Team-Building Exercise at TEACH Leaves Lasting Impression

Team-Building Exercise

Last year’s first TEACH Summit was a new approach to a long tradition of honoring DeVry employees who have accomplished great things in the past year.

Recipients of the PRIDE (Professional Recognition of Integrity, Dedication and Excellence) Award, DeVry’s top employee honor, are now able to participate in additional learning opportunities and team-building projects. One such project left quite an impact on those in attendance.

In addition to a surprise guest appearance at the PRIDE dinners by Will Brady, one of DeVry University’s student athletes, more than 600 individuals made up of DeVry leadership and PRIDE recipients took part in the “Building a Dream” team-building exercise. This opportunity took place under the leadership of Bill Hughson, president of the healthcare group for DeVry Inc. and lead organizer of the TEACH Summit. In keeping with DeVry’s Doing Well by Doing Good philosophy, more than 100 cross-institutional groups of four to six people were formed to assemble bicycles for local kids in need.

“I previously worked with a group called Repario, an organization that coordinates impactful team-building experiences like this and thought their approach to helping others was a perfect fit for what we wanted to accomplish,” said Hughson. “This provided a real-life scenario in which people needed to form teams and work together in order to reach a common goal. It is something we do every day, and it’s how we realize our vision of empowering students to achieve their educational and career goals.”

The theme of the project was education-based. Local underprivileged school kids who had read a certain number of books and passed their reading tests were the lucky recipients of the newly built bikes. What participants in the project didn’t know was that the kids were in the adjacent room and that the teams would get to present the bikes to them personally. The kids entered the room to joyful cheers and tearful greetings by members of the DeVry family.

“There wasn’t a dry eye in the house, including my own,” said Hughson. “A bike signifies independence and freedom. Most adults can remember their first bike and have special memories of it. I think that will certainly be the case with these kids as well. In fact, I’m sure it’s something we’ll all have fond memories of for years to come.”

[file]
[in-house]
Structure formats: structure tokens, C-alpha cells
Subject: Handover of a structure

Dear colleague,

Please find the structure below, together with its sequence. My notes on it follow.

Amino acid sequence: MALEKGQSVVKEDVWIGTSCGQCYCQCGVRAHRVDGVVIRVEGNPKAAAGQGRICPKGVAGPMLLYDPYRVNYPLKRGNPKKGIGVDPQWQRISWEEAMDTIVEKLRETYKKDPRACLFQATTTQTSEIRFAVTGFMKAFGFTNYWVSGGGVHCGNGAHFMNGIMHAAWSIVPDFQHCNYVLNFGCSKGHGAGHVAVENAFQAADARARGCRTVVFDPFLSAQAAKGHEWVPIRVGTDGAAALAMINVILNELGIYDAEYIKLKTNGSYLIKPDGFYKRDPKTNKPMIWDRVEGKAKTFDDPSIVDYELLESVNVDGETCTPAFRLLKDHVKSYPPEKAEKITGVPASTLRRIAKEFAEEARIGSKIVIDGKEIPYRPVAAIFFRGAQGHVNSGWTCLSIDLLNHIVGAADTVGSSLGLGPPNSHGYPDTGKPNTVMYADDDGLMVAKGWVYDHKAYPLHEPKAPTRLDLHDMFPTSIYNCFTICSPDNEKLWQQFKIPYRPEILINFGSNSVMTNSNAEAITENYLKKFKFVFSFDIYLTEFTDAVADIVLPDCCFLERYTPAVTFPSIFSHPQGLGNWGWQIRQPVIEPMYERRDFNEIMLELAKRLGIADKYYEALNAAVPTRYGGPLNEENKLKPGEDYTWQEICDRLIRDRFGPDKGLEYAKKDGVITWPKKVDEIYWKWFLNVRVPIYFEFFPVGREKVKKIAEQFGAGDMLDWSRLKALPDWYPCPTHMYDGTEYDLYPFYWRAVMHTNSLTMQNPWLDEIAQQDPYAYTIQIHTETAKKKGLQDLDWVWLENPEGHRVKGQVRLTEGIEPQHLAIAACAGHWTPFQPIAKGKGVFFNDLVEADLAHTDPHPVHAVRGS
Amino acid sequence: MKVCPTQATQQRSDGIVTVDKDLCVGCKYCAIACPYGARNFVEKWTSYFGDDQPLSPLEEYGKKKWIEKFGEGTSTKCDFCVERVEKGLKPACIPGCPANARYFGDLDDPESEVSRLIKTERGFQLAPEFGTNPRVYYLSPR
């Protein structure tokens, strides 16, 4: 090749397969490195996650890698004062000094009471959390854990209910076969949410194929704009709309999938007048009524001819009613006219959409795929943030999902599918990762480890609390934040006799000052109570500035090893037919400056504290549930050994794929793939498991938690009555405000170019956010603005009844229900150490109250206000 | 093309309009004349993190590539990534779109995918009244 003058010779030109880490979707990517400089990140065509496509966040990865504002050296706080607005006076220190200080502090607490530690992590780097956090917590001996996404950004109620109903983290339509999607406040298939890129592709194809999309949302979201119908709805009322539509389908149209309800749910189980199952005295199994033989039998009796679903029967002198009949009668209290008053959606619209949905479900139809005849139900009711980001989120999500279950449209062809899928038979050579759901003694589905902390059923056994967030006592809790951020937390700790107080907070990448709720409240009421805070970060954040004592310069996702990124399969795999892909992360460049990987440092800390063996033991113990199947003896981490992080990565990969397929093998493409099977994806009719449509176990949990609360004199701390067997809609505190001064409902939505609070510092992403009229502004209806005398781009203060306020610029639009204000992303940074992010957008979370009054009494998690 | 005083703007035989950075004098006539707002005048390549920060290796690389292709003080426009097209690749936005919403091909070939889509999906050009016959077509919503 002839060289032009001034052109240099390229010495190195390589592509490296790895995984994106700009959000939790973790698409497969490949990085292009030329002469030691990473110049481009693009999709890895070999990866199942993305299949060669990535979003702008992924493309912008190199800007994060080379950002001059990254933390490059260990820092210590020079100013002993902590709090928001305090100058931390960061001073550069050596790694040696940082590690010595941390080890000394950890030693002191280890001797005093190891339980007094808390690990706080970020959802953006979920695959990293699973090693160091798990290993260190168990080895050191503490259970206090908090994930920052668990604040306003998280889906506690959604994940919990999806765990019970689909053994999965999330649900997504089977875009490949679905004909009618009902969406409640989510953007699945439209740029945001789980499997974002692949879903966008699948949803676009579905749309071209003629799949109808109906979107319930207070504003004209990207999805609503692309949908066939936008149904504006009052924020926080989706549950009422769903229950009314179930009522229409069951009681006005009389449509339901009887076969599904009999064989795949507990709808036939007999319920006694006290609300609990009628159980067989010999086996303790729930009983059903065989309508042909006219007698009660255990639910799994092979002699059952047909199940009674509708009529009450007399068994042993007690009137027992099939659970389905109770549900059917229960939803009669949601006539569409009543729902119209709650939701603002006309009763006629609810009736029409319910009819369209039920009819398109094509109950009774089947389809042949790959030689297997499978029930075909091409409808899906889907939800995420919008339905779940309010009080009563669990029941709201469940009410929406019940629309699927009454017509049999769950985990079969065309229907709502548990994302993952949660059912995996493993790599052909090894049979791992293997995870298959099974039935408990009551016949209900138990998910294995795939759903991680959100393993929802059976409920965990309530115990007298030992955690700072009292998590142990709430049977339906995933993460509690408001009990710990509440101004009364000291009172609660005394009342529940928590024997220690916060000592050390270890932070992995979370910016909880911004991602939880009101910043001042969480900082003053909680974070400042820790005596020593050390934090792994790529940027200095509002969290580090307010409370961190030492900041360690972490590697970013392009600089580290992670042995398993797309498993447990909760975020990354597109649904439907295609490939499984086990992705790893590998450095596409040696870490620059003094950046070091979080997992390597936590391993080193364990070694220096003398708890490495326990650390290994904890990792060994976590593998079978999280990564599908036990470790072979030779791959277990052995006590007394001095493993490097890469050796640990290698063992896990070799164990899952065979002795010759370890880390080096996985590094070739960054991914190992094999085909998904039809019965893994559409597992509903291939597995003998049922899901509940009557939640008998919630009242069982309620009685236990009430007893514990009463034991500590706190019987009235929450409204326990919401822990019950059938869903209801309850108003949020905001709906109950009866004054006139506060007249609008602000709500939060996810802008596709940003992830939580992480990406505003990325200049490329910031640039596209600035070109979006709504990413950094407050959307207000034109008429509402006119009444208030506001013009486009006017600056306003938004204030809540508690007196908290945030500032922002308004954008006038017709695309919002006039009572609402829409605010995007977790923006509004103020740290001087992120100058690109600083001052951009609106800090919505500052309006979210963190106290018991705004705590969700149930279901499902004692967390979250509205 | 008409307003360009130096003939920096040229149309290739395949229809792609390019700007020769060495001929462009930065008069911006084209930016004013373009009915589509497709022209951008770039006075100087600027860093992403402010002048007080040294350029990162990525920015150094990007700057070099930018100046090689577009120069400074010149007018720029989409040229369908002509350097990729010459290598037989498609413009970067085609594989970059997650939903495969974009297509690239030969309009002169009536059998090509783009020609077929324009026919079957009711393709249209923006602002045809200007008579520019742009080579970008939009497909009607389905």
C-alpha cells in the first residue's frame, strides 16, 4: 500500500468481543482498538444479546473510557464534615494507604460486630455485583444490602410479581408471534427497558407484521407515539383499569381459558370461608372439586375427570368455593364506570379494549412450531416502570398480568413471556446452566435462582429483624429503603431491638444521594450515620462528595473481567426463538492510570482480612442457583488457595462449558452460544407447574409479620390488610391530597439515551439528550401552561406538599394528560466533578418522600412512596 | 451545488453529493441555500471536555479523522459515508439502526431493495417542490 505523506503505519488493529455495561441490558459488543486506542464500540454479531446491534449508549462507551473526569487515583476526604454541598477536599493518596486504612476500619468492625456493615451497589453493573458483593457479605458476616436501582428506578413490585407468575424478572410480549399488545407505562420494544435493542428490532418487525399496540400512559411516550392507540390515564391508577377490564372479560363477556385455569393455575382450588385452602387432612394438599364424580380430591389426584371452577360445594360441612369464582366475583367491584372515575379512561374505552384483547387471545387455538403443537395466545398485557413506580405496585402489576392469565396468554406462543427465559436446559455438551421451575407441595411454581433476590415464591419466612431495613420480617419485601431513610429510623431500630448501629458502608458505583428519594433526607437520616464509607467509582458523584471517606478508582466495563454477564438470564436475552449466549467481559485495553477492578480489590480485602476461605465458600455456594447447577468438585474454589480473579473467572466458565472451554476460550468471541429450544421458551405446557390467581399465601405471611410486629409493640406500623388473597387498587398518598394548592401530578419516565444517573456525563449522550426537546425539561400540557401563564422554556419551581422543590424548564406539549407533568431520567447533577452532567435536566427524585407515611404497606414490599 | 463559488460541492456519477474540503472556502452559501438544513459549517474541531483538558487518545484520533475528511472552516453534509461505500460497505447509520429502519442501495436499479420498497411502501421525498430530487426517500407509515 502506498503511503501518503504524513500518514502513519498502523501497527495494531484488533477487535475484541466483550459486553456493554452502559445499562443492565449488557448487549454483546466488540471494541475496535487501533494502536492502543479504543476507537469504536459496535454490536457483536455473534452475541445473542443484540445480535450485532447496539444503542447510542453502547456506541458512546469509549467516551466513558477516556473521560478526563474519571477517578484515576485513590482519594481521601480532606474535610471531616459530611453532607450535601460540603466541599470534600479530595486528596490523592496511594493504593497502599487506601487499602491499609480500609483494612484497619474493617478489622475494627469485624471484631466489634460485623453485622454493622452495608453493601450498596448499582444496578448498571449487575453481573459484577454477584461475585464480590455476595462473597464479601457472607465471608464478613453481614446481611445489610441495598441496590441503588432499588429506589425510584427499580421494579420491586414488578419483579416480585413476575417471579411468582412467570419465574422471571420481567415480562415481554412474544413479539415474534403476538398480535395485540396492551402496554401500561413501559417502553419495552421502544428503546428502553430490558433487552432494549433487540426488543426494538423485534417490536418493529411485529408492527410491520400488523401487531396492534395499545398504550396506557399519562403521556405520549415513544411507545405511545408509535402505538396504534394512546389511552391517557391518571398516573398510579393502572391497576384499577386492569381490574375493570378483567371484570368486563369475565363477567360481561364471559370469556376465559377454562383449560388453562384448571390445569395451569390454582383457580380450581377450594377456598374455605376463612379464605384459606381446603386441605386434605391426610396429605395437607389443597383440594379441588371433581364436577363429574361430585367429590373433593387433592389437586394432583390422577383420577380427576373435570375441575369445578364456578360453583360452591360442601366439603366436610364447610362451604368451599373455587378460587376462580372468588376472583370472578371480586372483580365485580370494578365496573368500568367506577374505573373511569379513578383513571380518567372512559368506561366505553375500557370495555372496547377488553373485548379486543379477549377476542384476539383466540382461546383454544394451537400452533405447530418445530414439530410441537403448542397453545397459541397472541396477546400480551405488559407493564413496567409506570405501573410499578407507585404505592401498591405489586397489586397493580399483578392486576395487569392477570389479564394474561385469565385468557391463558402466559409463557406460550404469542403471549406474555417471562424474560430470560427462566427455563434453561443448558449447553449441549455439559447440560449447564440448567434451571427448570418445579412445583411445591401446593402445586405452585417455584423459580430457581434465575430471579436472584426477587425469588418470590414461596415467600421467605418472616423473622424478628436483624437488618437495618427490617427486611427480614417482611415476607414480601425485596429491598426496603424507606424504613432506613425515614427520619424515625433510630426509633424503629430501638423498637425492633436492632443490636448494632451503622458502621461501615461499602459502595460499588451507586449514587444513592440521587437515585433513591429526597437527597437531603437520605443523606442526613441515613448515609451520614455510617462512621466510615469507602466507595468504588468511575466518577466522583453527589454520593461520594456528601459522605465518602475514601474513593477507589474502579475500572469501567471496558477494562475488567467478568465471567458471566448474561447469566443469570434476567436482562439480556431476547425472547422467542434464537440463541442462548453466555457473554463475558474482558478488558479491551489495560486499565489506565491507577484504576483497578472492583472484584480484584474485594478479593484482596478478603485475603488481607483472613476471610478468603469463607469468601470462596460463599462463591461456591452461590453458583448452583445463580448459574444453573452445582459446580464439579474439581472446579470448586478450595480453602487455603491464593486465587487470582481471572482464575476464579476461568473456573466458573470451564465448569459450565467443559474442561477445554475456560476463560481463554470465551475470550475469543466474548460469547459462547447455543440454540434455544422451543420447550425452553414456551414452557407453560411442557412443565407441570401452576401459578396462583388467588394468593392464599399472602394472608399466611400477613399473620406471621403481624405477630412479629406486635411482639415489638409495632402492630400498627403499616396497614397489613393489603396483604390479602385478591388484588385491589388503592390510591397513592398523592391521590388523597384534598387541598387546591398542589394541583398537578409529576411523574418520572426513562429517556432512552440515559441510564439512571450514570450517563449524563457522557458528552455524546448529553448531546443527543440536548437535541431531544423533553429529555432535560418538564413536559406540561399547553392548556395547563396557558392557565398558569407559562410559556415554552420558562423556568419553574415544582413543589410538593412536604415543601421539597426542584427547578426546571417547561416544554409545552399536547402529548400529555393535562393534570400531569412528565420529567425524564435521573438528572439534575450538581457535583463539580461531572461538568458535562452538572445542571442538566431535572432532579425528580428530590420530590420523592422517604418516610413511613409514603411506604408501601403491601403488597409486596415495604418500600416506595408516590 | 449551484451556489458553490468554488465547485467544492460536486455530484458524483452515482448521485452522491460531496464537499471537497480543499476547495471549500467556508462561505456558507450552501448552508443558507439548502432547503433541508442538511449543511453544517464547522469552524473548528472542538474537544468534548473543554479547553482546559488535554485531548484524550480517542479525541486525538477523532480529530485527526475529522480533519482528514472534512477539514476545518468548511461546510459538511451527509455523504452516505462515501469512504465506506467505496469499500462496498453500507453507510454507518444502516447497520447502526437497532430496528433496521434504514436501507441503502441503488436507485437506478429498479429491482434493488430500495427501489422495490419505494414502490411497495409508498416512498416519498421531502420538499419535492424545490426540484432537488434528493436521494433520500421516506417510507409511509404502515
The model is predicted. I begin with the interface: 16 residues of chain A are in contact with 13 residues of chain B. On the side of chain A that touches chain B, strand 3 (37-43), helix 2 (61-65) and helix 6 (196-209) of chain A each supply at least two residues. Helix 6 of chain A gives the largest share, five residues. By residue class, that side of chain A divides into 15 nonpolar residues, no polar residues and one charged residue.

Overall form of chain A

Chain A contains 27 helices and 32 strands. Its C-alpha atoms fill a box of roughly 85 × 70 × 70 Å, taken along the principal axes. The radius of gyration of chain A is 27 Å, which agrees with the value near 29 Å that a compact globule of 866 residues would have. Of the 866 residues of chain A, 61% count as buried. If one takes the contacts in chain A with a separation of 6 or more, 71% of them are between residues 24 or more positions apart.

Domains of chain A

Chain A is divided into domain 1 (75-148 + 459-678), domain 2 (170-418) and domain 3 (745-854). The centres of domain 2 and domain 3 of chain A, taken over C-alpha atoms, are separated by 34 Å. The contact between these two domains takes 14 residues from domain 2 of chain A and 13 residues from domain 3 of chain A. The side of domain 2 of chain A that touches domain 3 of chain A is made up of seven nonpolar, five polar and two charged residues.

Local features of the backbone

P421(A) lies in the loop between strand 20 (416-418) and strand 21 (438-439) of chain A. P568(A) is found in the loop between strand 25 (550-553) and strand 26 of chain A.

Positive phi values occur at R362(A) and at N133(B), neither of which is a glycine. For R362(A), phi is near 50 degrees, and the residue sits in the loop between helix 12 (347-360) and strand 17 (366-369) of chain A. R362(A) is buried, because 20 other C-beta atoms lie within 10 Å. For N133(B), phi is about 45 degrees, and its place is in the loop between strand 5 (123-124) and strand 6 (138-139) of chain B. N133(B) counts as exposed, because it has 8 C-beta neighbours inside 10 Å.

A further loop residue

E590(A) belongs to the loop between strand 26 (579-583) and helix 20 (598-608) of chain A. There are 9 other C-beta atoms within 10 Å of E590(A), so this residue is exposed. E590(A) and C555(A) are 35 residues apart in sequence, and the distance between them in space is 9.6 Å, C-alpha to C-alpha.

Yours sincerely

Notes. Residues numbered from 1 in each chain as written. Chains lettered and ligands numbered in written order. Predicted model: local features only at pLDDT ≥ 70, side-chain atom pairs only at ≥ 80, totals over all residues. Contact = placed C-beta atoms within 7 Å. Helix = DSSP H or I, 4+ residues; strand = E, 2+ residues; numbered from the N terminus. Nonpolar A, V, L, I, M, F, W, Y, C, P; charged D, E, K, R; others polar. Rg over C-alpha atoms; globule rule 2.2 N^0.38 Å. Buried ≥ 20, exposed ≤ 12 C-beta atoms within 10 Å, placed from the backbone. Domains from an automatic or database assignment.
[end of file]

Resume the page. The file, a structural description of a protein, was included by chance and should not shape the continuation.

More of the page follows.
“DeVry is so committed to helping members of its community that it was an absolute pleasure to help coordinate this event for them,” said James Carter, founder and chief instigator of Repario (now Be Legendary). “I know it made a lasting impact on those involved, not to mention the kids who received new bikes. It’s events such as this that make me love going to work every day, and I hope to have future opportunities to assist DeVry in living up to its universal values.”

“The bike-building team exercise was amazing for many reasons,” said Caryn Lerner, senior account executive for DeVry University and 2011 PRIDE recipient. “It provided an opportunity to learn different ways of collaborating with colleagues, and gave us a chance to help fulfill the dream of a brand new bicycle to local kids who worked so hard to earn them. Additionally, for so many of us, the exercise served as an important reminder of how fortunate we are to work for an organization so deeply committed to doing well by doing good and of how together—as a team—we can accomplish so much more than we can as individuals.”


Special thanks go to the many people who worked so hard to coordinate this great activity, including Scott Bush, Mike Carbonara, Karen Dade, Dianne Filip, Nancy Johnson, Nora Kunz, Lori Mendicino, Mary Sepulveda, Amy Shoskey and Laura Tigges.